San Sebastian Competition: ‘Fingernails,’ ‘Royal Hotel’ Make Cut



Headlined respectively by “Sound of Metal” lead Riz Ahmed and “Matrix” stars Jessica Henwick and Hugo Weaving, Christos Nikou’s “Fingernails” and Kitty Green’s “The Royal Hotel” figure among seven newly unveiled films which will play in main competition at September’s San Sebastian Film Festival. 

Also in the running are buzz titles “A Journey in Spring,” from Taiwan’s Peng Tzu-Hui, Wang Ping-Wen, and “Kalak,” directed by Denmark’s Isabella Eklöf. 

Announced Friday, the new additions are comprised by one debut (“Spring”) and five second features from emerging talent ranging from Japan’s Kei Chica-ura to France’s Xavier Legrand, nominated for an Academy Award for best live action short film for 2013’s “Just Before Losing Everything.”

The new titles confirm a 2023 main competition which, including previously announced titles, frames three feature debuts – Raven Jackson’s “All Dirt Roads Taste of Salt,” Isabel Herguera’s “Sultana’s Dream” and  “A Journey in Spring” – and a remarkable nine sophomore outings out of a total 16 main competition contenders for San Sebastian’s Gold Shell.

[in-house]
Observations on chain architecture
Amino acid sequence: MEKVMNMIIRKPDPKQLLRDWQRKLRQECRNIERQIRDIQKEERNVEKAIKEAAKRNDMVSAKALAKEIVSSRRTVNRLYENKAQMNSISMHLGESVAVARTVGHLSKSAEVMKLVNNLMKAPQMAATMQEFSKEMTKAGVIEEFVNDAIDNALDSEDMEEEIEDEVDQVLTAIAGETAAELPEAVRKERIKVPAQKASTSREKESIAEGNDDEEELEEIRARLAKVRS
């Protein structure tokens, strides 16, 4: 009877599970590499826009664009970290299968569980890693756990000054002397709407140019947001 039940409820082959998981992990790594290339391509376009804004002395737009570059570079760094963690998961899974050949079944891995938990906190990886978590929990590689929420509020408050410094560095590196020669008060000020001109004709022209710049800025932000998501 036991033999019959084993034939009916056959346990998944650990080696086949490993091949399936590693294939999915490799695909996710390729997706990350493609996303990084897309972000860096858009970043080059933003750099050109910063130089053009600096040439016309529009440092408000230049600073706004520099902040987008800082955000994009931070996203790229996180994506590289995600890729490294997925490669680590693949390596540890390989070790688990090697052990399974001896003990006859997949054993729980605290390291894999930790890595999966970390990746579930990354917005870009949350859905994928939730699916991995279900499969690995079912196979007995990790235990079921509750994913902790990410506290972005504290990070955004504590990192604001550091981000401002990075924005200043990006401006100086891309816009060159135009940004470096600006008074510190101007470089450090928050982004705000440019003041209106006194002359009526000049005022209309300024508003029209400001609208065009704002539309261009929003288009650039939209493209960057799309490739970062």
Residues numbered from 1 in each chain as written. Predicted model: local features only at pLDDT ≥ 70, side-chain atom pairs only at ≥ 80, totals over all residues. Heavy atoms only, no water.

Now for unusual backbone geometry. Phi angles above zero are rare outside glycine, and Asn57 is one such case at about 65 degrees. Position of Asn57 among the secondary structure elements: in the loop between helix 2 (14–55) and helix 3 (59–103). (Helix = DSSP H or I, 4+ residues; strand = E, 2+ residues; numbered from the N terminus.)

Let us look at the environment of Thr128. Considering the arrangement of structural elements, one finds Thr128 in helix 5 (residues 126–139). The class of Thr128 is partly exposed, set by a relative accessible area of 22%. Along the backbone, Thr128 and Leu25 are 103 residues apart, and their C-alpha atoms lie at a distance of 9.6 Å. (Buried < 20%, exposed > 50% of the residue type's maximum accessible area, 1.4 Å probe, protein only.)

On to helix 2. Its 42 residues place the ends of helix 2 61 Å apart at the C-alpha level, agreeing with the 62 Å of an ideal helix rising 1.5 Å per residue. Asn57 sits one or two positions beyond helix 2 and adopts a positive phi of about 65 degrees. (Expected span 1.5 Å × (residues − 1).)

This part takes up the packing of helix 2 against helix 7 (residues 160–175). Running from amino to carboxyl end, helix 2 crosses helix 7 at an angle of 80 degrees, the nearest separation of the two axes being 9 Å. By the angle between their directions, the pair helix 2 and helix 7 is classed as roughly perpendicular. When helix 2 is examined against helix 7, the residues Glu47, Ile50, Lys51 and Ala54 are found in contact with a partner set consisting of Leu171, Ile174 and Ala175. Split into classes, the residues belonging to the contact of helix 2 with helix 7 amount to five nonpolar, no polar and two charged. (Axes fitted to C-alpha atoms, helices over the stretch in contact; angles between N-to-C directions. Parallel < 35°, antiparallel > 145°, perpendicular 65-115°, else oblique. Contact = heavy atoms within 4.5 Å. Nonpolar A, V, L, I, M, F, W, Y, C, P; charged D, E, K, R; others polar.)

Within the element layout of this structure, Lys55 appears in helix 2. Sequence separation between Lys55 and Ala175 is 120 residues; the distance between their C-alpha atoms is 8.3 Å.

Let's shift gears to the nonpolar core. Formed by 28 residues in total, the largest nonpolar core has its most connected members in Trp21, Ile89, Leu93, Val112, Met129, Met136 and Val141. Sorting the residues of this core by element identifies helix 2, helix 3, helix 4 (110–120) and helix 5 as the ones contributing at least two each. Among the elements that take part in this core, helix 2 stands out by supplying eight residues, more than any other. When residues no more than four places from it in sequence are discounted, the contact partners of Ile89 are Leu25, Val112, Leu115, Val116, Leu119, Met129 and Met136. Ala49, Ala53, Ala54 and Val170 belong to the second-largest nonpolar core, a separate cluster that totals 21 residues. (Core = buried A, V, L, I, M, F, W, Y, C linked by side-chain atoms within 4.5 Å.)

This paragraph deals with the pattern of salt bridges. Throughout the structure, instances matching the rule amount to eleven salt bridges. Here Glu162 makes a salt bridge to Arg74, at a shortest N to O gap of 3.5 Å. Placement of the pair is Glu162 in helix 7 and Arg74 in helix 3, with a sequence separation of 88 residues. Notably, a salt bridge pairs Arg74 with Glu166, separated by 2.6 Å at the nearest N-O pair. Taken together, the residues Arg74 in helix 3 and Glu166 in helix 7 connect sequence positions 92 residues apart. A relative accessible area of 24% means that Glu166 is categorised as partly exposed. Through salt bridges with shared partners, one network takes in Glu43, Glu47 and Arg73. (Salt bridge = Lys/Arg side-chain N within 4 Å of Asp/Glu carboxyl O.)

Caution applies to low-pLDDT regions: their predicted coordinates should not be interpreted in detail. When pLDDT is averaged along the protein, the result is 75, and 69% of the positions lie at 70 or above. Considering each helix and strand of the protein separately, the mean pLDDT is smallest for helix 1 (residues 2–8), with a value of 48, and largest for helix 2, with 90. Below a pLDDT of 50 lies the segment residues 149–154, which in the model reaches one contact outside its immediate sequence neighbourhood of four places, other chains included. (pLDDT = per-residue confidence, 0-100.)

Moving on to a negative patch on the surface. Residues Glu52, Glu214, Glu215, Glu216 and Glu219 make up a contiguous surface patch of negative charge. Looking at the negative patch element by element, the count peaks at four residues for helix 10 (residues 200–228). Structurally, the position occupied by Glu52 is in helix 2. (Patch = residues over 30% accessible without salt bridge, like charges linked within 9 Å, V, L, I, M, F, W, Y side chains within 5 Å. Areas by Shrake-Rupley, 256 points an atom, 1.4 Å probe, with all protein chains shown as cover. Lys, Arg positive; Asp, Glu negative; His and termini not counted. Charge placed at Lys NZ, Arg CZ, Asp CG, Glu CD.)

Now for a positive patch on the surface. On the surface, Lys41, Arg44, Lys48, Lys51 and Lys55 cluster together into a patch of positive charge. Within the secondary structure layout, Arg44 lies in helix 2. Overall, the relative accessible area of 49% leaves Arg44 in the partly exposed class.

A Journey in Spring
Courtesy of San Sebastian Film Festival

Compounded by a prestige New Directors’ section, the festival’s leading sidebar, San Sebastian looks this year, more than ever before, as a platform for emerging talent, balanced by a bevy of established auteurs from Europe and Latin America: Isabel Coixet, Cristi Puiu, Martín  Rejtman, Robin Campillo, Joachim Lafosse.  

Benjamin Naishtat, behind “Puan,” his fourth feature but co-director María Alche’s second, is on the cusp of consecration thanks to “Rojo,” rave reviewed at San Sebastian.    

A brief drill-down on San Sebastian’s newly announced competition titles: 

“Fingernails,” (Christos Nikou, U.K., U.S.)

Cate Blanchett-produced “Fingernails” from her Dirty Films banner along with FilmNation Ent., a sci-fi love triangle romance starring Jessie Buckley, Oscar-nominated for her performance in “The Lost Daughter,” Ahmed and Jeremy Allen White. It marks the English-language debut by Nikou, behind the critically appreciated “Apples.” Bound for Apple TV+. 

Courtesy of San Sebastian Film Festival

“A Journey in Spring,” (Peng Tzu-Hui, Wang Ping-Wen,